They came by the hundreds.
Earlier this month, about 2,000 people descended on the Foster’s Farm in North Grower (about 45 minutes outside of Ottawa) for a breakfast event put on by Farm and Food Care Ontario.
The goal was simple. Invite the community, particularly folks and families from the city, out to a farm to learn about the agriculture sector.
That is, of course, after they’d stuffed their faces with the delicacies of a big ol’ farm breakfast complete with scrambled eggs, pancakes and chicken bacon, all drowned in maple syrup.
It’s safe to say many came for the pancakes and stayed for the farm.
The Fosters run an operation big by eastern Ontario standards. The family farms about 9,000 acres, which includes a grain elevator. In addition to the grain side of the operation, the family has a 4,000 head feedlot.
On Sept. 8, visitors were invited to explore all parts of the operation: the barn, the elevators, climb into the cabs of a combine, planter and sprayer. Nearby, members of the family, now six generations on the farm, were available to answer questions.
The experience extended past the Fosters’ farm. Folks from all sectors (dairy, eggs, chicken, beef, grains and oilseeds) were on site with hands-on activities at the ready — including a chance to hold a baby pullet, play in a bin of corn kernels and see a chicken up close.
Events like these have become more popular in recent years as the agriculture industry tries to bridge the ever-widening gap between the country and the city.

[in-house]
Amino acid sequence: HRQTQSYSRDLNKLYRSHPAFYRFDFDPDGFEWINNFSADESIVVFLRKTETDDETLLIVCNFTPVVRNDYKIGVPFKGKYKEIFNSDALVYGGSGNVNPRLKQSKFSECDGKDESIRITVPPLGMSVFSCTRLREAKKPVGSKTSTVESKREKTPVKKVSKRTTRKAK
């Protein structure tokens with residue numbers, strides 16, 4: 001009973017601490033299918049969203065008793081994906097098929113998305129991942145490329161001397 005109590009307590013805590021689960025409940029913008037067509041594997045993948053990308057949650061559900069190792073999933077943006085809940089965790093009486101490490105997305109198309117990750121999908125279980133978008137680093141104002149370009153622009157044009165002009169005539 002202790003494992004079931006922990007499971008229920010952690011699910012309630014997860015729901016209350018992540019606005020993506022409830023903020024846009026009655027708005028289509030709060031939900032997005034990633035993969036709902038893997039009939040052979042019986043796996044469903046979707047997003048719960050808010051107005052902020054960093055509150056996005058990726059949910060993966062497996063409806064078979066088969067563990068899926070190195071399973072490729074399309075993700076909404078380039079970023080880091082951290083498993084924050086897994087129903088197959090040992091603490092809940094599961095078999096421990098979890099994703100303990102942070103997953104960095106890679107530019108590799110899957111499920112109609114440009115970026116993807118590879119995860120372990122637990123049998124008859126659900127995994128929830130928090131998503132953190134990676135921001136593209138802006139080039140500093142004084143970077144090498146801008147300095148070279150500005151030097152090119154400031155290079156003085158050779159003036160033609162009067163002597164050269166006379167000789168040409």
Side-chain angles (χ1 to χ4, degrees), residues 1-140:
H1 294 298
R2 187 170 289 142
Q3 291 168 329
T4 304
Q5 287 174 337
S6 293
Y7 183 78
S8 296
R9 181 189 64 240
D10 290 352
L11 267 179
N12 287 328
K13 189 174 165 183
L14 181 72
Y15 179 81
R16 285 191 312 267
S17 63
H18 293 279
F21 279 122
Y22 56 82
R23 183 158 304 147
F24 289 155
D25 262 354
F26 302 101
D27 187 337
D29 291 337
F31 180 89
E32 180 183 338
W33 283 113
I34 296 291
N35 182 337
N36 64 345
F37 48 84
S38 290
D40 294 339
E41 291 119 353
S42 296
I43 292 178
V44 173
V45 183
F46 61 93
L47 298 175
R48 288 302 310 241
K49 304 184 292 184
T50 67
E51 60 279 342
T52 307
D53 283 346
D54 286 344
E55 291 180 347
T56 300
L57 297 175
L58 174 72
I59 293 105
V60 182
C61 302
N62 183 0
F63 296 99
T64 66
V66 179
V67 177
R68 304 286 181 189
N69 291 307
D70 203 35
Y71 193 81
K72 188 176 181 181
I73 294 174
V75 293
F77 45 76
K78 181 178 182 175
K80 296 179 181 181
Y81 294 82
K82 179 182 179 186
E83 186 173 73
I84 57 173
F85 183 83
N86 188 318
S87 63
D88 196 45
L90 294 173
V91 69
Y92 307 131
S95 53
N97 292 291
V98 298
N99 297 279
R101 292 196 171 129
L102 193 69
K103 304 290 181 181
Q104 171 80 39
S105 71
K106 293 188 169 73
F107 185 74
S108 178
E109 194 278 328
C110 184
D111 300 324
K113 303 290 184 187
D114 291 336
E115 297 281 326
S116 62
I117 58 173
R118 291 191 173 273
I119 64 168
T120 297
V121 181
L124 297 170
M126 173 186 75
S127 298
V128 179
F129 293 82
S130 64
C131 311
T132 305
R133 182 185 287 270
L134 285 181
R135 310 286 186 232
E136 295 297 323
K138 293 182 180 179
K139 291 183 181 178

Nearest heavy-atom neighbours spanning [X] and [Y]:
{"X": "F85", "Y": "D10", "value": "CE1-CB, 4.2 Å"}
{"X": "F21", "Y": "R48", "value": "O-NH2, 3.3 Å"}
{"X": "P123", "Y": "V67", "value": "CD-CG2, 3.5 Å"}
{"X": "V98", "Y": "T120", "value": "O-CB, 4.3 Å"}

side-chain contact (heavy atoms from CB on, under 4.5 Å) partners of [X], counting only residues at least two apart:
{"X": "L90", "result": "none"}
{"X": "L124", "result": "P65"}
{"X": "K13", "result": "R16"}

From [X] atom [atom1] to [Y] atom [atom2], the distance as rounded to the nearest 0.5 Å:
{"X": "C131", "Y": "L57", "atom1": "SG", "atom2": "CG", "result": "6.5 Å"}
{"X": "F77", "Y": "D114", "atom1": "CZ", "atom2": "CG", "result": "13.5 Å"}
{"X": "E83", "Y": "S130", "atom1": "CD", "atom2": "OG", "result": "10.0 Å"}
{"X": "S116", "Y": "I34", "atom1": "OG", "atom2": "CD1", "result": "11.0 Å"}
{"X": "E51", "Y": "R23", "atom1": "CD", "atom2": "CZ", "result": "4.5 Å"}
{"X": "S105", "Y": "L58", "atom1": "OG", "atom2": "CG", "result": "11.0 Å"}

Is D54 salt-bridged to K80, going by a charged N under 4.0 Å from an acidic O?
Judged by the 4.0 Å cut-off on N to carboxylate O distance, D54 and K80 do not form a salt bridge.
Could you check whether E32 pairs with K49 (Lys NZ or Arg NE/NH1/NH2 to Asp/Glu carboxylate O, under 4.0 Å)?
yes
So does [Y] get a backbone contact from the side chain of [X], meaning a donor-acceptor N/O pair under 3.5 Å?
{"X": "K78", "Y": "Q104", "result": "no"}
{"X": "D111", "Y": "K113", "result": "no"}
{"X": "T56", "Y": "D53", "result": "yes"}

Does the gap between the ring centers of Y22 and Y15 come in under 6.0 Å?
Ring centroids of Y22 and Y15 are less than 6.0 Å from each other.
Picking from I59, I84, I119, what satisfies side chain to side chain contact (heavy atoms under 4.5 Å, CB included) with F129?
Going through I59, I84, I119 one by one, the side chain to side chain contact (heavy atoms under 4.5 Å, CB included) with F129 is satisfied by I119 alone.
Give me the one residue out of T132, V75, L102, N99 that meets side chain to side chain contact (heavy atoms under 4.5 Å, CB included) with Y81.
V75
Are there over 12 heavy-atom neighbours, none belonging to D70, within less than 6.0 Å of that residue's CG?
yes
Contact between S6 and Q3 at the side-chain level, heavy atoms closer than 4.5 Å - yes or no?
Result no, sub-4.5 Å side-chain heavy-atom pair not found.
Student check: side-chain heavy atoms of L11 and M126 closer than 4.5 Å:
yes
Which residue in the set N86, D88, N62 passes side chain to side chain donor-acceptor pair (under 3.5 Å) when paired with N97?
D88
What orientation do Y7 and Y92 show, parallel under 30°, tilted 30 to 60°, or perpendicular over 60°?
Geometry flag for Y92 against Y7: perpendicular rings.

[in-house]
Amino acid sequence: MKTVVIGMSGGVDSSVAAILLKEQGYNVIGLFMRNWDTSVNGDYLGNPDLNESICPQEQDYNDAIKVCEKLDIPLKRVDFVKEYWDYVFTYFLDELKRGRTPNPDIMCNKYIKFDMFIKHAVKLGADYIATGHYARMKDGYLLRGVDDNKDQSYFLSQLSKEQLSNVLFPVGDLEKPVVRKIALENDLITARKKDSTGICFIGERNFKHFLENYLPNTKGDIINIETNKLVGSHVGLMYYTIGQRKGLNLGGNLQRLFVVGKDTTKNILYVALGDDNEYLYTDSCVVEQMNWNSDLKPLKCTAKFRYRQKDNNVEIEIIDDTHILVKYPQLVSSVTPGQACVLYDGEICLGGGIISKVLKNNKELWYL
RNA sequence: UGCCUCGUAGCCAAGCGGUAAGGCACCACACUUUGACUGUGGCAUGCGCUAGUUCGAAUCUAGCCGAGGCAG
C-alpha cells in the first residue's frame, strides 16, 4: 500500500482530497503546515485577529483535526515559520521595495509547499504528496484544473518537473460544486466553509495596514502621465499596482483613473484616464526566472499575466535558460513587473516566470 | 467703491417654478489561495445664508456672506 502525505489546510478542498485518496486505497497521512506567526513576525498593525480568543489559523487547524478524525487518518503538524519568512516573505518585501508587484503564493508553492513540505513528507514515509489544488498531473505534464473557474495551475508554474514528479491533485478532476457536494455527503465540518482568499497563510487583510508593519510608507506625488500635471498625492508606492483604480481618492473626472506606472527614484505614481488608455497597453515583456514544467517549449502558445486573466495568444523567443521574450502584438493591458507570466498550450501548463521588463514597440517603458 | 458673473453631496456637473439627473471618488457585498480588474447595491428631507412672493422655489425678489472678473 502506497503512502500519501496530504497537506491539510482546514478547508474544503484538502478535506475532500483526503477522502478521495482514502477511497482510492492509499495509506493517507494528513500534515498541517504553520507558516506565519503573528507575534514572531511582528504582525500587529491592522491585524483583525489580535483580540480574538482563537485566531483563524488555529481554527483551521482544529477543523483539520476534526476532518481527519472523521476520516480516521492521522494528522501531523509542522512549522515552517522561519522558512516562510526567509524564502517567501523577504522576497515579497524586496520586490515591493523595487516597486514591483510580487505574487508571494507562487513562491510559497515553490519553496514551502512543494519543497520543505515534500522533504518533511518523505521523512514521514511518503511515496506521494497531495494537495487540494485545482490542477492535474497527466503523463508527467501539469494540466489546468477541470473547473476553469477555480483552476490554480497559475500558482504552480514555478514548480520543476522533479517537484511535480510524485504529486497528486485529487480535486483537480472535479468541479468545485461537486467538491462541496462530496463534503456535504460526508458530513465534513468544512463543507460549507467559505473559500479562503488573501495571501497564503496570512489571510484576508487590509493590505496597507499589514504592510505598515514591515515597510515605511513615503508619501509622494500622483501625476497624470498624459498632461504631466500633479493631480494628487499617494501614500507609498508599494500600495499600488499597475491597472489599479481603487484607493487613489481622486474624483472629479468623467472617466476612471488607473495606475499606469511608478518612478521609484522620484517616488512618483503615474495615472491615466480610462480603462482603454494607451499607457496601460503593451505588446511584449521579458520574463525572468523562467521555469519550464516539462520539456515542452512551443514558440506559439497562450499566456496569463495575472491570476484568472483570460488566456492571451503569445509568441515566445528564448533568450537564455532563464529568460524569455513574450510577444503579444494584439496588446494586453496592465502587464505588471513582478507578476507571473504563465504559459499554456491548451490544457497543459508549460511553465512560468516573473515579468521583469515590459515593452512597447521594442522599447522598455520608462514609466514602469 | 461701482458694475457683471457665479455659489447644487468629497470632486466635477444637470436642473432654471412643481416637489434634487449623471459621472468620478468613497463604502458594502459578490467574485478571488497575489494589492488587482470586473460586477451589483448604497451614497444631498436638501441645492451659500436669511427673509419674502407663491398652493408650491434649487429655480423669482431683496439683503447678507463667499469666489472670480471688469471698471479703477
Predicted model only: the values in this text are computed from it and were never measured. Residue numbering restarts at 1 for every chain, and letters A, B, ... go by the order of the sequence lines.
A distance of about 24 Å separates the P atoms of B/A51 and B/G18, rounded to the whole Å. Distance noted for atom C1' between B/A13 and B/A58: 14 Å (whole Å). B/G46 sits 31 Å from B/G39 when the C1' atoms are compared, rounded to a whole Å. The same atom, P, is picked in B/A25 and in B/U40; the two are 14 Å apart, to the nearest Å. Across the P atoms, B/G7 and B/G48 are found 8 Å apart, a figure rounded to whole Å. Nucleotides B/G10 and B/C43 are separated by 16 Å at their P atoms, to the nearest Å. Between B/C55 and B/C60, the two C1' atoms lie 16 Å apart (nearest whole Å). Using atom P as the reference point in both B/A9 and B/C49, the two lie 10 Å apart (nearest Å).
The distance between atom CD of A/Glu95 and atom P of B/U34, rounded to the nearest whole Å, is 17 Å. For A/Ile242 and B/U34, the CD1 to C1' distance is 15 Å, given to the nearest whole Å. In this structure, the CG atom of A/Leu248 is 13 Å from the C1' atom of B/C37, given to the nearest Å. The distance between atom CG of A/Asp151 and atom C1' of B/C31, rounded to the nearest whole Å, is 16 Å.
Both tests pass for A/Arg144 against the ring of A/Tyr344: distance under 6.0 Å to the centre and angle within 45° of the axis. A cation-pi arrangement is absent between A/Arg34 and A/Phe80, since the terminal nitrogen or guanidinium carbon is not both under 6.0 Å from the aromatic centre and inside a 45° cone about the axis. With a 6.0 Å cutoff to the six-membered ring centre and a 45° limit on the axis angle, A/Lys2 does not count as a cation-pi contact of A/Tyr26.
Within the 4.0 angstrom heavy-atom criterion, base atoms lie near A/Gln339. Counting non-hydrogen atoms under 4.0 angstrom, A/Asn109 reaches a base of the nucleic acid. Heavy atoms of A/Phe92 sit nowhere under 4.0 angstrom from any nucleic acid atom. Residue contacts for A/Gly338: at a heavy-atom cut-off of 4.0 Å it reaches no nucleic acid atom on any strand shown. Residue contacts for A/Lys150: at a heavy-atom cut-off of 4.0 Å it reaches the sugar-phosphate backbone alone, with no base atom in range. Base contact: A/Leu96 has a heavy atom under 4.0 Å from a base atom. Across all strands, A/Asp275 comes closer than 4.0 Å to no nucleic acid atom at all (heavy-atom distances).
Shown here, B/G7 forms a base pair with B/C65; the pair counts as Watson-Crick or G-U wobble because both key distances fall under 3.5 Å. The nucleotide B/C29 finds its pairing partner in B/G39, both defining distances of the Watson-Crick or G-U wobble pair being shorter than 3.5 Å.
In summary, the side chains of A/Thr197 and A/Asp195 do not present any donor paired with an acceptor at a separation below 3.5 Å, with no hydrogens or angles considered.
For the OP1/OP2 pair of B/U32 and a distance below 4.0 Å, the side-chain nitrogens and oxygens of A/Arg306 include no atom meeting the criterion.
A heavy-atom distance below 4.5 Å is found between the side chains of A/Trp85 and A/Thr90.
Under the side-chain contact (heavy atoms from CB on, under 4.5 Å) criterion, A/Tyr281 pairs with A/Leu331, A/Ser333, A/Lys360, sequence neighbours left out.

Open Farm Days, breakfasts on the farms and other farm tours try to get people to reconnect with where their food comes from.
Public trust is just one of the buzz words. Social licence is another. Consumers wield a significant amount of clout in decisions made about the sector — even though many of them still hold a romanticized view of Canada’s agriculture industry.
In the eyes of consumers, the words “agriculture” and “business” aren’t linked. It’s a lifestyle, one that can be foreign to those around them.
But agriculture is a business. A big one. Farming, food processing and the other industries linked to the sector are huge contributors to this country’s economy. Thousands of jobs at home and abroad are tied to the sector.
People in the sector appreciate those facts, but the statistics don’t always resonate with people outside the industry.
On Sept. 8, it was apparent people were starting to make those connections. Several visitors were overheard remarking on the sheer size of the equipment, which, given a lot of it is earmarked for crops like corn, towers over the yard.
More than a few parents couldn’t get over the fact that the wheels on the equipment were two or three times taller than the height of their small children.
A large collection of steel grain bins, a common sight across the Prairies, jutted across the skyline, glistening as the sun hit their sides.
People were also notably curious. All kinds of questions were asked. Some were basic, such as, “why are some eggs brown and some eggs white?” or “what’s the difference between a heifer and a steer?”
Others were more detailed, with questions about feed, farm management and various policy issues.
Friendships were made. Understandings were established. Everybody learned something, regardless if they were from the city or the country. For a moment, the gulf between the city and the country shrunk.
It’s amazing what the lure of pancakes can do.